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The scandal that took over the business environment and involved the executives of Enron company is well-thought-out to represent one of the most notorious commercial delinquencies in the history of the United States (Yallapragada, Roe, & Toma, 2012). Moreover, numerous researchers in the area consider the case of Enron an unofficial example of a basic white collar crime. The latter is defined as a criminal activity aimed to obtain financial profit in a non-violent way while operating within a workplace setting that offers education and is perceived as respected. The whole Enron process was based on the statement of deregulation that allowed the executives of the company to interfere with the earnings reports that were presented to the investors and workers.
On a bigger scale, Enron executives were able to skew the reports and conceal the data regarding the company’s losses. Therefore, the investors had to make more monetary contributions to the company’s budget so as to maintain the existing level of profits (which was fake, obviously). The factual financial state of Enron was only available to the executives that were involved in the fraud as the latter basically stole the money coming from investors by misrepresenting the earnings in the reports. It also led to a situation where even more stockholders wanted to contribute to the financial condition of Enron. When the fraud was found out, the company went bankrupt and disappeared from the worldwide business scene.
AIS and Security
The accounting practices that were employed by Enron were also accessed by the Board of Directors of the company as it was discovered by one of the subcommittees (Silveira, 2013). The security of Enron was breached by Whitewing transactions that were “approved” by the Board and went unnoticed by other departments. It is also interesting to realize that the Board of Directors received timely updates on the status of performed operations (Riivari, Lamsa, Kujala, & Heiskanen, 2012).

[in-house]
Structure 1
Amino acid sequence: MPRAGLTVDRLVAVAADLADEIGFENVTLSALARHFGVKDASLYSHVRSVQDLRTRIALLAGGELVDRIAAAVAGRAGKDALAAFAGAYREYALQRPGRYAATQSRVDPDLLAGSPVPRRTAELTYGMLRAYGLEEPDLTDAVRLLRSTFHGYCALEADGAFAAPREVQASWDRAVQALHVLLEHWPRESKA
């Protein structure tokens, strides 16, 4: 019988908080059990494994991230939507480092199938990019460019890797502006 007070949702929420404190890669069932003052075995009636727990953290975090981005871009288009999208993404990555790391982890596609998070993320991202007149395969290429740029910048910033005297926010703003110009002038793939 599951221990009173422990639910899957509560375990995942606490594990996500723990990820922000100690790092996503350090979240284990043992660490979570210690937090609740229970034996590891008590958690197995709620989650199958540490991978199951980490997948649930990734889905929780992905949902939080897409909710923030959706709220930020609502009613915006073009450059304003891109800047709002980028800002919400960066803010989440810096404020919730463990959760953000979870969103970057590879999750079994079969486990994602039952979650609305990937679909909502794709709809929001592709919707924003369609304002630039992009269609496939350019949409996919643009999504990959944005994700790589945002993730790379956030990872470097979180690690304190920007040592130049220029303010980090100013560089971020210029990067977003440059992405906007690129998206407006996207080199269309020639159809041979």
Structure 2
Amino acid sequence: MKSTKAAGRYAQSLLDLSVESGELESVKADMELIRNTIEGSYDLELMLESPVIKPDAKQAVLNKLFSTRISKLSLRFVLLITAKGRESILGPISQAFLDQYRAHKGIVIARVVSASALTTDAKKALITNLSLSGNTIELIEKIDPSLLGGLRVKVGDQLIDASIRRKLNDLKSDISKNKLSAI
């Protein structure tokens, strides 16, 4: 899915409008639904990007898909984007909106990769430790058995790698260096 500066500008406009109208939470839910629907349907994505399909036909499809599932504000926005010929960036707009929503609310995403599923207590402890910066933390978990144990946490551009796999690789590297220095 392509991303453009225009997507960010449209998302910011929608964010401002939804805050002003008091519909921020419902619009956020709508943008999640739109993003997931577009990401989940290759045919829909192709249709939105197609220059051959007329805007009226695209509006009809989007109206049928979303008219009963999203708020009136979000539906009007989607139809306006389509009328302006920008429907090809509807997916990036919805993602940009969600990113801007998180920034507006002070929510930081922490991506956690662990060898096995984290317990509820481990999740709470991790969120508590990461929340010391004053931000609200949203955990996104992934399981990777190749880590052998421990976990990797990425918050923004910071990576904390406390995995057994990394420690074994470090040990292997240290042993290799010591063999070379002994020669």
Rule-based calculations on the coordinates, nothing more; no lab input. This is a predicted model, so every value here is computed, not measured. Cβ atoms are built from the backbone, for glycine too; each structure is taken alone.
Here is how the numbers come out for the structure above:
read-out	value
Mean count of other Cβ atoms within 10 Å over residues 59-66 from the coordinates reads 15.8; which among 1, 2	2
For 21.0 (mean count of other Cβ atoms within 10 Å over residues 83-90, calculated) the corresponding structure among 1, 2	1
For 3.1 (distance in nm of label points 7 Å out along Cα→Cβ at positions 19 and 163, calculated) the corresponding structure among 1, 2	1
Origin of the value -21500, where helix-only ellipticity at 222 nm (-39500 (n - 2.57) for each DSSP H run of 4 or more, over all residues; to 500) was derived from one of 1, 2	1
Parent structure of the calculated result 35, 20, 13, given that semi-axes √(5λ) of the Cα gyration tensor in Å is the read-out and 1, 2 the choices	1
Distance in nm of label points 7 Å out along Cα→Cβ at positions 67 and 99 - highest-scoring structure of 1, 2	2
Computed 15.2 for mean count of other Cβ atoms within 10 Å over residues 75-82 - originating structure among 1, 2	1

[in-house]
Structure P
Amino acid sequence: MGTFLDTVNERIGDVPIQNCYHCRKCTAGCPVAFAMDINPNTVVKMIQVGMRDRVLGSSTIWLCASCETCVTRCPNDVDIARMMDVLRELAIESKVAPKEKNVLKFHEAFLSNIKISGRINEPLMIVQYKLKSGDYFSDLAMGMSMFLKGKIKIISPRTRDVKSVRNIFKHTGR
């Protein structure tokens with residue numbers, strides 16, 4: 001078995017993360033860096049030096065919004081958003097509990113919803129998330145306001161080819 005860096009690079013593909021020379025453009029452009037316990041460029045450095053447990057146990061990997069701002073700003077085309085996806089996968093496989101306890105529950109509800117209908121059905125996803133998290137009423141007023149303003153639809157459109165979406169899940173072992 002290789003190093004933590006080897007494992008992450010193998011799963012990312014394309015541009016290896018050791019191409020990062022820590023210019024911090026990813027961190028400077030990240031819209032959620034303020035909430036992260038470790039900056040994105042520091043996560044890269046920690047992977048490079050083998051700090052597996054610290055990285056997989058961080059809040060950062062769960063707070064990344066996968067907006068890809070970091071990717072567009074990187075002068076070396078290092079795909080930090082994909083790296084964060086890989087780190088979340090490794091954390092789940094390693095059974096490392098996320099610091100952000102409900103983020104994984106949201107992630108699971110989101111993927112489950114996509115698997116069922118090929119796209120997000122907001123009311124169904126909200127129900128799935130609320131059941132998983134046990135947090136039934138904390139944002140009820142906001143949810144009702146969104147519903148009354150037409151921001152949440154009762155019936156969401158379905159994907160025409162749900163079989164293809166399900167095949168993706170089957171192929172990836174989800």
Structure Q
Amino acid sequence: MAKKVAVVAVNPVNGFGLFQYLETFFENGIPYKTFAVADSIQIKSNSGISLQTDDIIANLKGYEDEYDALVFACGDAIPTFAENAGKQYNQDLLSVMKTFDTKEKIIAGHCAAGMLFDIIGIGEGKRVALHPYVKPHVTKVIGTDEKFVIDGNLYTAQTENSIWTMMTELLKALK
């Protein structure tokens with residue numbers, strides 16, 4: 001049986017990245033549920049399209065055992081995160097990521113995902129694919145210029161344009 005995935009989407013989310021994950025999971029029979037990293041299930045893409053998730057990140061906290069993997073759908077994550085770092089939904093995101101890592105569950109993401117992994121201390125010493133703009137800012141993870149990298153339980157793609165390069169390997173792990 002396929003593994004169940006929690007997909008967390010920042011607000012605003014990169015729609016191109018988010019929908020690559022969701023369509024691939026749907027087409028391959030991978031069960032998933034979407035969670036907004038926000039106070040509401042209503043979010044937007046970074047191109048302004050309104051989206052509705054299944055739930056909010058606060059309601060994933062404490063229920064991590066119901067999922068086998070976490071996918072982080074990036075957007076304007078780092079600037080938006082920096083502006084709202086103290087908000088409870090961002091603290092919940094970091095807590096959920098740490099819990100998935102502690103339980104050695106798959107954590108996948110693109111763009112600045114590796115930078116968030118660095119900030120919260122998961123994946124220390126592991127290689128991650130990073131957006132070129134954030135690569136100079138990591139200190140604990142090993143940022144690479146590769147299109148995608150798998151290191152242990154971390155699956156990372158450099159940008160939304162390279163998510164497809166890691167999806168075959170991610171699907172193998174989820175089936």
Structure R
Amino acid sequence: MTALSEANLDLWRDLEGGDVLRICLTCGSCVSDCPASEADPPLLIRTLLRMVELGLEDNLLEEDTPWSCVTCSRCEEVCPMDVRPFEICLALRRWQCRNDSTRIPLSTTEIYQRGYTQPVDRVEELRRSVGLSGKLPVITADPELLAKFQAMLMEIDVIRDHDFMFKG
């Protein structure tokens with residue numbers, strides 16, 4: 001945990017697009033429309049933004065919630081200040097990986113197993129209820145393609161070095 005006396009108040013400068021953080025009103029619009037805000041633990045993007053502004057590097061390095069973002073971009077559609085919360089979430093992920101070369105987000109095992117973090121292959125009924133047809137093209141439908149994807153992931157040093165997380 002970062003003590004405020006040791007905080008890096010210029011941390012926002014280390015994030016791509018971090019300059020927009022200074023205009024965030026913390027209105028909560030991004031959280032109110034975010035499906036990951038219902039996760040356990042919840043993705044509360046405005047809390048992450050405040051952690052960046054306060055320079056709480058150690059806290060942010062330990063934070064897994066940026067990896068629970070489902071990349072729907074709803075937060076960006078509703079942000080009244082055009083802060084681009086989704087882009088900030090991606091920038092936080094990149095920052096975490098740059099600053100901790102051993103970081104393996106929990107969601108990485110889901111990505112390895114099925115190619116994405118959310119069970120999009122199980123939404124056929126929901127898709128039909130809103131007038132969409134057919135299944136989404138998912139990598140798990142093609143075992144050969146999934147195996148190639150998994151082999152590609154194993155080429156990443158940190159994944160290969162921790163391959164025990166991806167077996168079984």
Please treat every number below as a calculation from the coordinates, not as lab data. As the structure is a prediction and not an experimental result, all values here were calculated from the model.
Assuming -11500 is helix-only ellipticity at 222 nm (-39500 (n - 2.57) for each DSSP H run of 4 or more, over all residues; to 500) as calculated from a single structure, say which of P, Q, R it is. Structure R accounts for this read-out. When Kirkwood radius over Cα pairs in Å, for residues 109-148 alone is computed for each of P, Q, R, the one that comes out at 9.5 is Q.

Even though not all of the numerous wrongful accounting practices were exposed to the Board of Directors, these events relied on the approval coming from the Board of Directors as the latter were directly involved in the decision-making process. In other words, the Board and the Finance Committee were told about the derivatives of Enron’s business, but both parties were too inexperienced in the field to understand the full details of the operations performed by Enron executives (Pardue, Robinson, & Arrigo, 2013). The experts that analyzed this case claimed that the Board would have disallowed the use of offshoots if they learned about them beforehand.
Throughout the process of Enron collapse, the company was dealing with all kinds of activities (including energy production, its derivatives, and other energy-associated possessions). The core ethical issue, in this case, consisted in the fact that all the fraudulent activities were susceptible to being eventually discovered by the Trading Commission and the Federal Energy Regulatory Commission (Albeksh, 2016).
The main objective of the former was to ensure that the application of the company’s practices validated Enron’s competitiveness, while the latter regulated the presence of the company in the energy market. Evidently, the Exchange Commission and the Securities were in charge of controlling the activity of Enron, but they failed to do it in an efficient manner. This led to a situation where the executives chose to harm the investors’ interests so as to obtain maximum profits. The economic state of Enron depended on the auditor of the company, and he ultimately decided to betray the stakeholders so as to obtain as much fraudulent money as possible.
Albeksh, H. A. (2016). The crisis of the ethics of audit profession: Collapse of Enron company and the lessons learned. OALib, 3(11), 1-18. doi:10.4236/oalib.1103205.
Pardue, A. D., Robinson, M. B., & Arrigo, B. A. (2013). Psychopathy and corporate crime: A preliminary examination, part 1. Journal of Forensic Psychology Practice, 13(2), 116-144. doi:10.1080/15228932.2013.765745.
Riivari, E., Lamsa, A., Kujala, J., & Heiskanen, E. (2012). The ethical culture of organisations and organisational innovativeness. European Journal of Innovation Management, 15(3), 310-331. doi:10.1108/14601061211243657.
Silveira, A. (2013). The Enron scandal a decade later: Lessons learned? SSRN Electronic Journal, 1-32. doi:10.2139/ssrn.2310114.
Yallapragada, R. R., Roe, C. W., & Toma, A. G. (2012). Accounting fraud, and white-collar crimes in the United States. Journal of Business Case Studies, 8(2), 187-192. doi:10.19030/jbcs.v8i2.6806.